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FAQ
Frequently Asked Questions

Why does my circuit breaker keep tripping?

A circuit breaker is designed to trip under specific circumstances. If the circuit carries more electricity than it is supposed to carry, the circuit breaker activates and interrupts the flow of electricity by physically preventing the current from reaching the wall socket. There are many reasons why your circuit breakers trip, including faulty residential electric wiring. There are miles of wires in the home, connecting your outlets to the breaker box, so how can you find out if faulty wiring is the problem? How can you tell if it's not a faulty appliance causing the problem, or too many appliances running at once?

The answer to the general question is simple enough. Turn off and unplug all the appliances in the area the tripped circuit breaker has affected. Go to the breaker box, find the circuit breaker (or other model) and try to reset it by turning it back on. If the power stays on in that area of the home, you have a problem with the items plugged into the wall sockets rather than the wiring. If the circuit trips again right away, chances are good your wiring is to blame.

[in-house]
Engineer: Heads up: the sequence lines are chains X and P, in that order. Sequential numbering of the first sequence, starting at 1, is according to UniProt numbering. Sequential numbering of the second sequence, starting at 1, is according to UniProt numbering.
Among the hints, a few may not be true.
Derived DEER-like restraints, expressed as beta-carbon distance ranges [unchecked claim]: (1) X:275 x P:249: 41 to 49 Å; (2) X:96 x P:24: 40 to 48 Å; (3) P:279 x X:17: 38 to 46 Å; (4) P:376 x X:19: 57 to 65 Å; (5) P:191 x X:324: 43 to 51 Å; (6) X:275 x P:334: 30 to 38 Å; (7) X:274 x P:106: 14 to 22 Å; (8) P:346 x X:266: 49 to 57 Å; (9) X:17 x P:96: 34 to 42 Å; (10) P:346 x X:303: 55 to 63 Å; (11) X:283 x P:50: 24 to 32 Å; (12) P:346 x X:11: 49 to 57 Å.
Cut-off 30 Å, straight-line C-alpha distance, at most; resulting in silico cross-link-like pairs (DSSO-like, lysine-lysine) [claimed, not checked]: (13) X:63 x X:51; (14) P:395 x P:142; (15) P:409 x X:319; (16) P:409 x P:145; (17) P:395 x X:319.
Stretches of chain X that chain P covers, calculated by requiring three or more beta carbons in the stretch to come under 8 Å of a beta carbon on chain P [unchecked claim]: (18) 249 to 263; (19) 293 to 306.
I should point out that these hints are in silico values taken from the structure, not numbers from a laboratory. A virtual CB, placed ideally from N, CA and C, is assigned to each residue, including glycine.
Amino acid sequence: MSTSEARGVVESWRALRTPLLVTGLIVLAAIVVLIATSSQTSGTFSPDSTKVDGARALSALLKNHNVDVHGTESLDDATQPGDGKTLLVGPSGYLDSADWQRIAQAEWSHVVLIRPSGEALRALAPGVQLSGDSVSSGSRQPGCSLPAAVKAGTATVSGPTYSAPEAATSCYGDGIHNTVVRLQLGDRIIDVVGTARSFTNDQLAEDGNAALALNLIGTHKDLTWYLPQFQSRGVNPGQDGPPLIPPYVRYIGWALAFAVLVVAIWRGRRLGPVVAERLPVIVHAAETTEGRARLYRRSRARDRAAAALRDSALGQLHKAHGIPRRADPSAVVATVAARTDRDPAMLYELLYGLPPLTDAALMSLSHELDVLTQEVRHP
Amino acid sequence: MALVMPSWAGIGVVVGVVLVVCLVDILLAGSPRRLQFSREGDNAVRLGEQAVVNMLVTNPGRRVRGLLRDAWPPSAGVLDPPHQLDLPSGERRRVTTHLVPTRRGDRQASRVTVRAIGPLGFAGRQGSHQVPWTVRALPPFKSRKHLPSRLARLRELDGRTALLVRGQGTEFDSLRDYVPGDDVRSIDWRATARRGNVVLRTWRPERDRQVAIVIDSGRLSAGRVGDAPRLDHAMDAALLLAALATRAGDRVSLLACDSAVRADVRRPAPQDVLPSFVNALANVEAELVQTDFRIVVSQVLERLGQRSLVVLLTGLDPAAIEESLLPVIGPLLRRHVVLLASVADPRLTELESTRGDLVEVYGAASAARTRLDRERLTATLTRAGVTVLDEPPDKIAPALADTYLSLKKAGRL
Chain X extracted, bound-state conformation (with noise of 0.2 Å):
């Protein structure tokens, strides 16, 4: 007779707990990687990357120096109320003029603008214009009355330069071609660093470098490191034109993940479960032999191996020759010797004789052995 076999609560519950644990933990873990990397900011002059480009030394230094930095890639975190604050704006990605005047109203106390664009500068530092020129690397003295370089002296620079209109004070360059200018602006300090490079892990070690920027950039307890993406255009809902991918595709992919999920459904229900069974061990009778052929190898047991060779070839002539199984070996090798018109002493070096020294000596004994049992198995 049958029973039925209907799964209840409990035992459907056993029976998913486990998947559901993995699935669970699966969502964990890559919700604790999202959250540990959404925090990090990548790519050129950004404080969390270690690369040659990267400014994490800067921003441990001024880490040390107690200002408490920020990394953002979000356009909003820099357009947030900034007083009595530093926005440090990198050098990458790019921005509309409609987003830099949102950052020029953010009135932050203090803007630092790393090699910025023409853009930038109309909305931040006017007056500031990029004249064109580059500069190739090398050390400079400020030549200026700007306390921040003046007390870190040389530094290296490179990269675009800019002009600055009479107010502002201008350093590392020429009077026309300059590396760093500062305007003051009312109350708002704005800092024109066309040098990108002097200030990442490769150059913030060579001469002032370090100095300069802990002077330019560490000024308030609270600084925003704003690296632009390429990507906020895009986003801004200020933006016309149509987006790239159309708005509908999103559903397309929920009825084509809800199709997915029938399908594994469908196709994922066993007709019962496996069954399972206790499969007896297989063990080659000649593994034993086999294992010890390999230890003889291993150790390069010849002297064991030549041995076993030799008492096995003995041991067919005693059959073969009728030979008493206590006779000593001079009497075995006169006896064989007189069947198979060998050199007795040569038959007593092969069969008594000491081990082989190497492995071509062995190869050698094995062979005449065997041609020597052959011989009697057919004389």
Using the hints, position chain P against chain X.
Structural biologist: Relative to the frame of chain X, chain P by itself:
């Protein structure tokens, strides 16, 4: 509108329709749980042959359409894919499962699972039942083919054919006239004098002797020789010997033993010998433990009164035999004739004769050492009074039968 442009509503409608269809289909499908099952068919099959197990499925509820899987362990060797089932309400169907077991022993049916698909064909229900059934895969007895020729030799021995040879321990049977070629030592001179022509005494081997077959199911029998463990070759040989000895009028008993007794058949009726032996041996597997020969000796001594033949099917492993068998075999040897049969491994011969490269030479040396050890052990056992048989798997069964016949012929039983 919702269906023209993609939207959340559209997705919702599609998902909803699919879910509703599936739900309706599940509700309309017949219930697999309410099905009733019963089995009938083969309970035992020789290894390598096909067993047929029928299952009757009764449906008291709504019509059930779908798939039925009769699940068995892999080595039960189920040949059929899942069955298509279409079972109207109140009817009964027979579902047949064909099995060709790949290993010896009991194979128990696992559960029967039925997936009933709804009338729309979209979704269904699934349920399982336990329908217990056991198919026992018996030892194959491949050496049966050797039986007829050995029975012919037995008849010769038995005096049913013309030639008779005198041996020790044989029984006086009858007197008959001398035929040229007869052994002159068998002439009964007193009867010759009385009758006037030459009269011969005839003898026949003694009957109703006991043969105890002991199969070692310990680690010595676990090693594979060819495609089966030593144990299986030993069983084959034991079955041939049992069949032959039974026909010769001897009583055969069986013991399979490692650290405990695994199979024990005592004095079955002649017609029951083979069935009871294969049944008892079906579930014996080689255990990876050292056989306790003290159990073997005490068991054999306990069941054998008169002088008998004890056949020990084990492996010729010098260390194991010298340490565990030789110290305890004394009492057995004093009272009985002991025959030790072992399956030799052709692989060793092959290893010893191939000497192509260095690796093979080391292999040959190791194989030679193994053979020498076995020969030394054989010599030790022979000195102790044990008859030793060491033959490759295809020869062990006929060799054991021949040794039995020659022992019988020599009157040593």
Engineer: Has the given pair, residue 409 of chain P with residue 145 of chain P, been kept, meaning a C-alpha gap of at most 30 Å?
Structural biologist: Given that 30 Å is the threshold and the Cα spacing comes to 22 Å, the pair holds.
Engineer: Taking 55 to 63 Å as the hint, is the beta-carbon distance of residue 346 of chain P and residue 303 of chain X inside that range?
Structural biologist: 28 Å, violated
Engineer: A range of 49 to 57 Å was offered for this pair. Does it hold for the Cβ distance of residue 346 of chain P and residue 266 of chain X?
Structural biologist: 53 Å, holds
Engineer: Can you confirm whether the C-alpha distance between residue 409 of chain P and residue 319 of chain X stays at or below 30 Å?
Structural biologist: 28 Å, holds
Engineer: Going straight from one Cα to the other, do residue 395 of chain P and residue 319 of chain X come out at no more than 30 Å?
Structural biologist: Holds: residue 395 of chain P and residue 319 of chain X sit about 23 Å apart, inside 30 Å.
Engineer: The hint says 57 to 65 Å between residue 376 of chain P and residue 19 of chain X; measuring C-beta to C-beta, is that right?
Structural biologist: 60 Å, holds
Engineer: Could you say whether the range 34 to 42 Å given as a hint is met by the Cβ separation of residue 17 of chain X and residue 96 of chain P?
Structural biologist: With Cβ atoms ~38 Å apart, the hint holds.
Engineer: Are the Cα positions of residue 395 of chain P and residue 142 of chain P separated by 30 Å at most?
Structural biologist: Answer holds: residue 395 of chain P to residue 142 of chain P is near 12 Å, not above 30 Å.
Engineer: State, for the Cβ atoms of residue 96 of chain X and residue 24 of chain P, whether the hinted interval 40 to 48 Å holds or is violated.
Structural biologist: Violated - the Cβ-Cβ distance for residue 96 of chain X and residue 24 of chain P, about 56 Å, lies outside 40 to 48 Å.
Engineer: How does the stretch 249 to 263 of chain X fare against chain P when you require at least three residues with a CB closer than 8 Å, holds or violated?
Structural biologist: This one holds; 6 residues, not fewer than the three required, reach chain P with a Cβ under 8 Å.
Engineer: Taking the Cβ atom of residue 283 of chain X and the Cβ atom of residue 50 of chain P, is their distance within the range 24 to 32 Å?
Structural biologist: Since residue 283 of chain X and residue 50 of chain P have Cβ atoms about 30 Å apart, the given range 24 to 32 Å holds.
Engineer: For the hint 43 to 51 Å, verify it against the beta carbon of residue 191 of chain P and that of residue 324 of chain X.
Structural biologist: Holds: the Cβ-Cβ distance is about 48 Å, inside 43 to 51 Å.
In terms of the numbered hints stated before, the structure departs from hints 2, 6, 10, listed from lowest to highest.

What is a circuit breaker?

Bus plugs come in three basic configurations. A fusible switch uses fuses to prevent power overloads. The circuit breaker bus plug is similar in that it offers protection from overloads by stopping the flow of electricity--literally breaking the circuit as the name implies. Circuit breakers are found in most modern buildings, while fusible switch bus plugs may be in use for older homes, offices and historic landmarks.

Circuit breaker bus plugs close the circuit by "tripping". The circuit breaker switches off, and must be turned back on again to restore power. Unlike fusible switches, there are no fuses to replace after an electrical overload. This makes circuit breaker bus plugs more advantageous because no replacement purchases are needed. That doesn't mean a circuit breaker can't be damaged in some cases. Depending on the electrical fault, you may need to replace a circuit breaker bus plug. In some instances there may be partial power available to a home or office, in others you may have no electricity at all until the circuit breaker is replaced.



What is a fusible switch?

The fusible switch is a type of bus plug typically found in older homes or apartments. When electricity passes through the system, there is always a danger of overload. With no protection from overloads, your appliances would be destroyed and there is great potential for fires as a result. The fusible switch contains a fuse to protect the home. In the fusible switch bus plug, the fuses are designed with an element which is destroyed in the event of a power overload. When the fuse is intact, the circuit is complete and energy can pass through.

When the fuse element is melted, the circuit is broken and electricity does not flow. This keeps the overload from reaching your appliances. Once the element is melted, that fuse must be replaced. This type of bus plug is replaced in newer buildings by the more efficient circuit breaker system, which requires no replacement of burnt-out fuses.



How many circuit breakers can I add to my breaker box?